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Burger King SpongeBob Ad Too Sexual?

Karlene Lukovitz
MediaPost
April 8, 2009

SpongeBob SquarePants the focus of a sexually oriented controversy? Yup.

The Campaign for a Commercial-Free Childhood (CCFC) has launched a letter-writing campaign demanding that Nickelodeon and Burger King immediately pull a new, "highly sexualized" television ad for BK's 99-cent SpongeBob Kids Meal.

The objections were lodged after the ad ran during the NCAA men's basketball championship and other programming on Monday night.

The ad features BK's King singing a remix of Sir Mix-A-Lot's 1990s hit song, "Baby Got Back," with the new lyrics, "I like square butts and I cannot lie." The content CCFC views as offensive includes The King singing in front of women who are shaking their rear ends in front of the camera, intercut with SpongeBob dancing along on a TV screen; the King measuring a woman's behind after she's stuffed a telephone book under her clothes to achieve a square profile; and Sir Mix-A-Lot sitting on a couch with two female admirers and stating, ostensibly in the context of the BK meal deal: "Booty is booty."

"It's bad enough when companies use a beloved media character like SpongeBob to promote junk food to children, but it's utterly reprehensible when that character simultaneously promotes objectified, sexualized images of women," said CCFC director Susan Linn, a psychologist at the Judge Baker Children's Center. "That Burger King and Nickelodeon would sell kids meals by associating a beloved, male character like SpongeBob with lechery shows how little either company cares about the well-being of the children they target."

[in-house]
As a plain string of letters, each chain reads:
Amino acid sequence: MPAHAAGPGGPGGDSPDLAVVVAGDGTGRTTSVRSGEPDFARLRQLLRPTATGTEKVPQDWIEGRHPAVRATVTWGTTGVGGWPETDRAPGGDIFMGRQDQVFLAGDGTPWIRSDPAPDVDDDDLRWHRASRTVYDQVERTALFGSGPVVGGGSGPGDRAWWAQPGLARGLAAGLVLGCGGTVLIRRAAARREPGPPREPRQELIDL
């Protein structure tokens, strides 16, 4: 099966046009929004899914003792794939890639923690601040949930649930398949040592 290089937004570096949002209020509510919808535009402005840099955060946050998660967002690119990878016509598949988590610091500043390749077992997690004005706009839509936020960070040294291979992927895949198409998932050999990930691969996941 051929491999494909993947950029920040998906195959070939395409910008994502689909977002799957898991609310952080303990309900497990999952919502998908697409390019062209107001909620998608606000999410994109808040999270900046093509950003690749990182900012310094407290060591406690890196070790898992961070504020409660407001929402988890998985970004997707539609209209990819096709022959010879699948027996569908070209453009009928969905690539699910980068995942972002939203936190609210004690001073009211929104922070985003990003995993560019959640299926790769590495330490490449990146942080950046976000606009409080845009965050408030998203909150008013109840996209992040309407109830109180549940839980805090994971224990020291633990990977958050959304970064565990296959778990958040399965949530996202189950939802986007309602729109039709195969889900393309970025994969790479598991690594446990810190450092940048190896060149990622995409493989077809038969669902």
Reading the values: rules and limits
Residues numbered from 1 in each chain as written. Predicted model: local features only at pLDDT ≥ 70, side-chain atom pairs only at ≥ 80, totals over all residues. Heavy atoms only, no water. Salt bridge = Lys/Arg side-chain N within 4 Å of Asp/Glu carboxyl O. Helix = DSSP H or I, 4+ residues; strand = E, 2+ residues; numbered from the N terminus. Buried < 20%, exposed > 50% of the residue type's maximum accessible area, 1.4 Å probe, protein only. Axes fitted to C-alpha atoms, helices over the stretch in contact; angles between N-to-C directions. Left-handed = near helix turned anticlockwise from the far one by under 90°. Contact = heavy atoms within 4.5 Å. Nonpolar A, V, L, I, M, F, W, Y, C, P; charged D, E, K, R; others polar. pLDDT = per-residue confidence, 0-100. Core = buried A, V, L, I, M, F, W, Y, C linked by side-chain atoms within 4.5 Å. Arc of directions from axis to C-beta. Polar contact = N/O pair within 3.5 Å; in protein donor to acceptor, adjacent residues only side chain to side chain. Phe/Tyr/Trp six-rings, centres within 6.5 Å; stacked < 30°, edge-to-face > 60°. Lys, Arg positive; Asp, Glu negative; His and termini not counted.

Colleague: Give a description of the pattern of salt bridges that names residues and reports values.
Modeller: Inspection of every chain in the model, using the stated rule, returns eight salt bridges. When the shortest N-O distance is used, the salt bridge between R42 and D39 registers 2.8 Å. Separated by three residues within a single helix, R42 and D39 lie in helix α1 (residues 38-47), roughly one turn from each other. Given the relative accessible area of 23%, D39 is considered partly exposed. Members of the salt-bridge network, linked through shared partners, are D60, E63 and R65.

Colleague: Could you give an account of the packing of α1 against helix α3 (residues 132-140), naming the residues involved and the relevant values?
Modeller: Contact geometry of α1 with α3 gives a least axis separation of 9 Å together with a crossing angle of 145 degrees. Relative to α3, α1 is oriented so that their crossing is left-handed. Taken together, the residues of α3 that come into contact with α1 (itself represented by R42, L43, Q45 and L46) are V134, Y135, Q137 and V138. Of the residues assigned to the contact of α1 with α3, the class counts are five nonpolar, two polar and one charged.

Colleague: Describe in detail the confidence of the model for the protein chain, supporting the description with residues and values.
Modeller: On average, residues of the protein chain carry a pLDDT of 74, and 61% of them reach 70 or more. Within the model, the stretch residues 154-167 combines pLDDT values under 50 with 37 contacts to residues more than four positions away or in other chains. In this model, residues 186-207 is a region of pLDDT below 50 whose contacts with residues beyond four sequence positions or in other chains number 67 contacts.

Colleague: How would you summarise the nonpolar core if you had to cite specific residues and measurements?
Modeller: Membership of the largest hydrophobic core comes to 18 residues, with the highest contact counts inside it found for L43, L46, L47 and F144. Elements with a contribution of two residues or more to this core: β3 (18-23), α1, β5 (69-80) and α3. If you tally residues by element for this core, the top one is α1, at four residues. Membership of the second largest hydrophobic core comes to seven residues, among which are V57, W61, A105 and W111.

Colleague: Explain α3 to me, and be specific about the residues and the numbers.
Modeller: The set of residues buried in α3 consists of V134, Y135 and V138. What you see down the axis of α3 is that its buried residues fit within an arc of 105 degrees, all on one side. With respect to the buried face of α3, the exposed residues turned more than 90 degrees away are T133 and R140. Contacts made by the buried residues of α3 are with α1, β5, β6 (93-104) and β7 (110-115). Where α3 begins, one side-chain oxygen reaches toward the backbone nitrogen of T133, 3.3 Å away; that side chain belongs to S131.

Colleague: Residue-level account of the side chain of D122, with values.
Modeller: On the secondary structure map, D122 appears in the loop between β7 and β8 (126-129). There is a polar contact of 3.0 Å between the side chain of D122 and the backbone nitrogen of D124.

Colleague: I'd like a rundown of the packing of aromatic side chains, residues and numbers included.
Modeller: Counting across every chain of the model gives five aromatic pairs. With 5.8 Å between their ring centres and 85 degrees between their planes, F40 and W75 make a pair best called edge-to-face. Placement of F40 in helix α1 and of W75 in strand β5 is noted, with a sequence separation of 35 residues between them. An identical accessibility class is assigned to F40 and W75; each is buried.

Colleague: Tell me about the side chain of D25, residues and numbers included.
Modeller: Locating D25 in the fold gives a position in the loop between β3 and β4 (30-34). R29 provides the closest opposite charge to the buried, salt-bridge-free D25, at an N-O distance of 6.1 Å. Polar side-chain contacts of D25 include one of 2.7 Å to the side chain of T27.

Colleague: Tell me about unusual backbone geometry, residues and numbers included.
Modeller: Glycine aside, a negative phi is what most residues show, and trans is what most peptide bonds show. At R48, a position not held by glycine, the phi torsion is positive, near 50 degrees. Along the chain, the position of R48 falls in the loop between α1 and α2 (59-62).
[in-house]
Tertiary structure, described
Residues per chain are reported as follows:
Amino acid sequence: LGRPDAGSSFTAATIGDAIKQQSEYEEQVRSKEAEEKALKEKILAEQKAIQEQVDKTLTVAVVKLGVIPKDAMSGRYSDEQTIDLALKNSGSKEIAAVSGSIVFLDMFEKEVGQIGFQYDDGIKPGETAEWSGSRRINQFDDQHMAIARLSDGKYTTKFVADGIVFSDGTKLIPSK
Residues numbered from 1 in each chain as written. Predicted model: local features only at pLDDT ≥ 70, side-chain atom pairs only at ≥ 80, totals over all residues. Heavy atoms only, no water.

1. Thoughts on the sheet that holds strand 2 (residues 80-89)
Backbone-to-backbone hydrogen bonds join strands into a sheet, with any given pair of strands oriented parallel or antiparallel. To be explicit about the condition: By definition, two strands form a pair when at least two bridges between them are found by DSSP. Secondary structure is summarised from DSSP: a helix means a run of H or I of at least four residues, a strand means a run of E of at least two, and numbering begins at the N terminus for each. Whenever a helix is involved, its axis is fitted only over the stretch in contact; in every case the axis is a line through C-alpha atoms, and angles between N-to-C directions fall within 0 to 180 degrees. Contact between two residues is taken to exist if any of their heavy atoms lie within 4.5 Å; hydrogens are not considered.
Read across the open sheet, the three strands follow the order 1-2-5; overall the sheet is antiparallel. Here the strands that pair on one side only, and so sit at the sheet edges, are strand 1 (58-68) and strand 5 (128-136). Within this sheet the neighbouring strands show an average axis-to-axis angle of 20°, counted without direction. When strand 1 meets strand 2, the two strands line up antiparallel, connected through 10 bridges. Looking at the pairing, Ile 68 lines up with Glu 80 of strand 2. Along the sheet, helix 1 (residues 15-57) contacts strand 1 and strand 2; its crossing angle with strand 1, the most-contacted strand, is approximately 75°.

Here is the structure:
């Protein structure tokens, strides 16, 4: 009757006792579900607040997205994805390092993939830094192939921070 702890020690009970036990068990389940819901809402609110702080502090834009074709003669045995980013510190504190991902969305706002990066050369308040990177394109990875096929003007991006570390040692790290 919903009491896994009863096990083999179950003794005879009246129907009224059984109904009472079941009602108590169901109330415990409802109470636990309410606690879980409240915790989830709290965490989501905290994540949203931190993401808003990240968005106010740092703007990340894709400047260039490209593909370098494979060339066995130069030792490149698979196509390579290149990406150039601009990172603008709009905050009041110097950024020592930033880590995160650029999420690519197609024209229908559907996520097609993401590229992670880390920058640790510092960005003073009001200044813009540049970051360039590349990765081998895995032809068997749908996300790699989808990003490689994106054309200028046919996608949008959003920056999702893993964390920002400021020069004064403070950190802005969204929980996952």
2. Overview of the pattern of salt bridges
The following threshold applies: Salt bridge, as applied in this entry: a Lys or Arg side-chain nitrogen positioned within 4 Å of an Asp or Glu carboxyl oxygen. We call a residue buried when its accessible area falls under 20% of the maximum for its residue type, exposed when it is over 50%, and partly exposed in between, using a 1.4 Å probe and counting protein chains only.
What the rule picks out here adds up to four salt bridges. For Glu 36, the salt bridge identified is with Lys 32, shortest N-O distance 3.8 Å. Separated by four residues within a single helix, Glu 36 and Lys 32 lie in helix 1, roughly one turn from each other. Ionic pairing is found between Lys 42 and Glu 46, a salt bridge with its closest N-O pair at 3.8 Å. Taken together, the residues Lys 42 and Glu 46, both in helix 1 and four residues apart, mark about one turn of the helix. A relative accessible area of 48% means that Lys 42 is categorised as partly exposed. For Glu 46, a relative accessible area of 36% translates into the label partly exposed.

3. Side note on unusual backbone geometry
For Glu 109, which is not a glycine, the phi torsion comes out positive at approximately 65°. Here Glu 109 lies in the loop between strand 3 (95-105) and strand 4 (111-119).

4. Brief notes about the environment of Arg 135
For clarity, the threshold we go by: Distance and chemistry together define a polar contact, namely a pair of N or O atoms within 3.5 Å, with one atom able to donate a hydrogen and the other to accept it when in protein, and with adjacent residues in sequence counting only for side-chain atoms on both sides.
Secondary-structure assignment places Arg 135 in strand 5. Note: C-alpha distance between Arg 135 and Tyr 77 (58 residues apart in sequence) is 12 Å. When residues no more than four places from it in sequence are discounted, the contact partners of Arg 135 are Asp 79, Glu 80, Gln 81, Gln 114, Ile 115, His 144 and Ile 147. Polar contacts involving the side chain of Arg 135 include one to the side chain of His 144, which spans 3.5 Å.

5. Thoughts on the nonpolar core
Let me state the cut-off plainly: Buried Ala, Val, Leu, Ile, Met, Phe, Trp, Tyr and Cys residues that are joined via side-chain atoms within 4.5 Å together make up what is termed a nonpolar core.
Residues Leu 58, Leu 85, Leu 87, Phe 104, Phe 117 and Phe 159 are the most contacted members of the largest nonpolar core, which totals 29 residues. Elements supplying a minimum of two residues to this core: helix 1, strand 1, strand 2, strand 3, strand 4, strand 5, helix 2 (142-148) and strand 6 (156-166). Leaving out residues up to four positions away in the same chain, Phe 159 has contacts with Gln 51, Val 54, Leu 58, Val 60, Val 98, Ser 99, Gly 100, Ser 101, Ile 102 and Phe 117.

"No parent watching a major sporting event with their children should have to worry about being assaulted by sexualized imagery," stated Joe Kelly of TheDadMan.com, a CCFC steering committee member. "Parents who hope to instill values in their children like respect for women would do well to steer clear of Burger King and Bikini Bottom."

In a response provided to Marketing Daily on Wednesday, Burger King Corp. said that it welcomes the opportunity to "clear up any confusion" about the intentions of the advertising.

BK points out that the Kids Meal is a "value-based offer aimed at adults" and requires an adult BK Value Meal purchase. The commercial is meant to appeal to adults who take their kids to BK, and as with all BK adult advertising campaigns, it is being shown "only during shows targeting adult audiences," the company states. The commercial "is intended to show that even adults can have fun, laugh and be silly with entertainment genres -- such as rap and pop culture icons -- that have become part of everyday life."

The chain has developed a second, "completely different" SpongeBob advertising campaign for kids that's currently airing on kid-targeted programming, BK adds.

According to Nielsen/Arbitron joint venture Scarborough Sports Marketing, the average NCAA tournament viewer is male, age 18 or older, educated, married, has a higher-than-average household income, and is 34% more likely than the average adult to have visited a fast food chain 10 or more times during a single week.

Which, of course, doesn't mean that no kids are watching.

 

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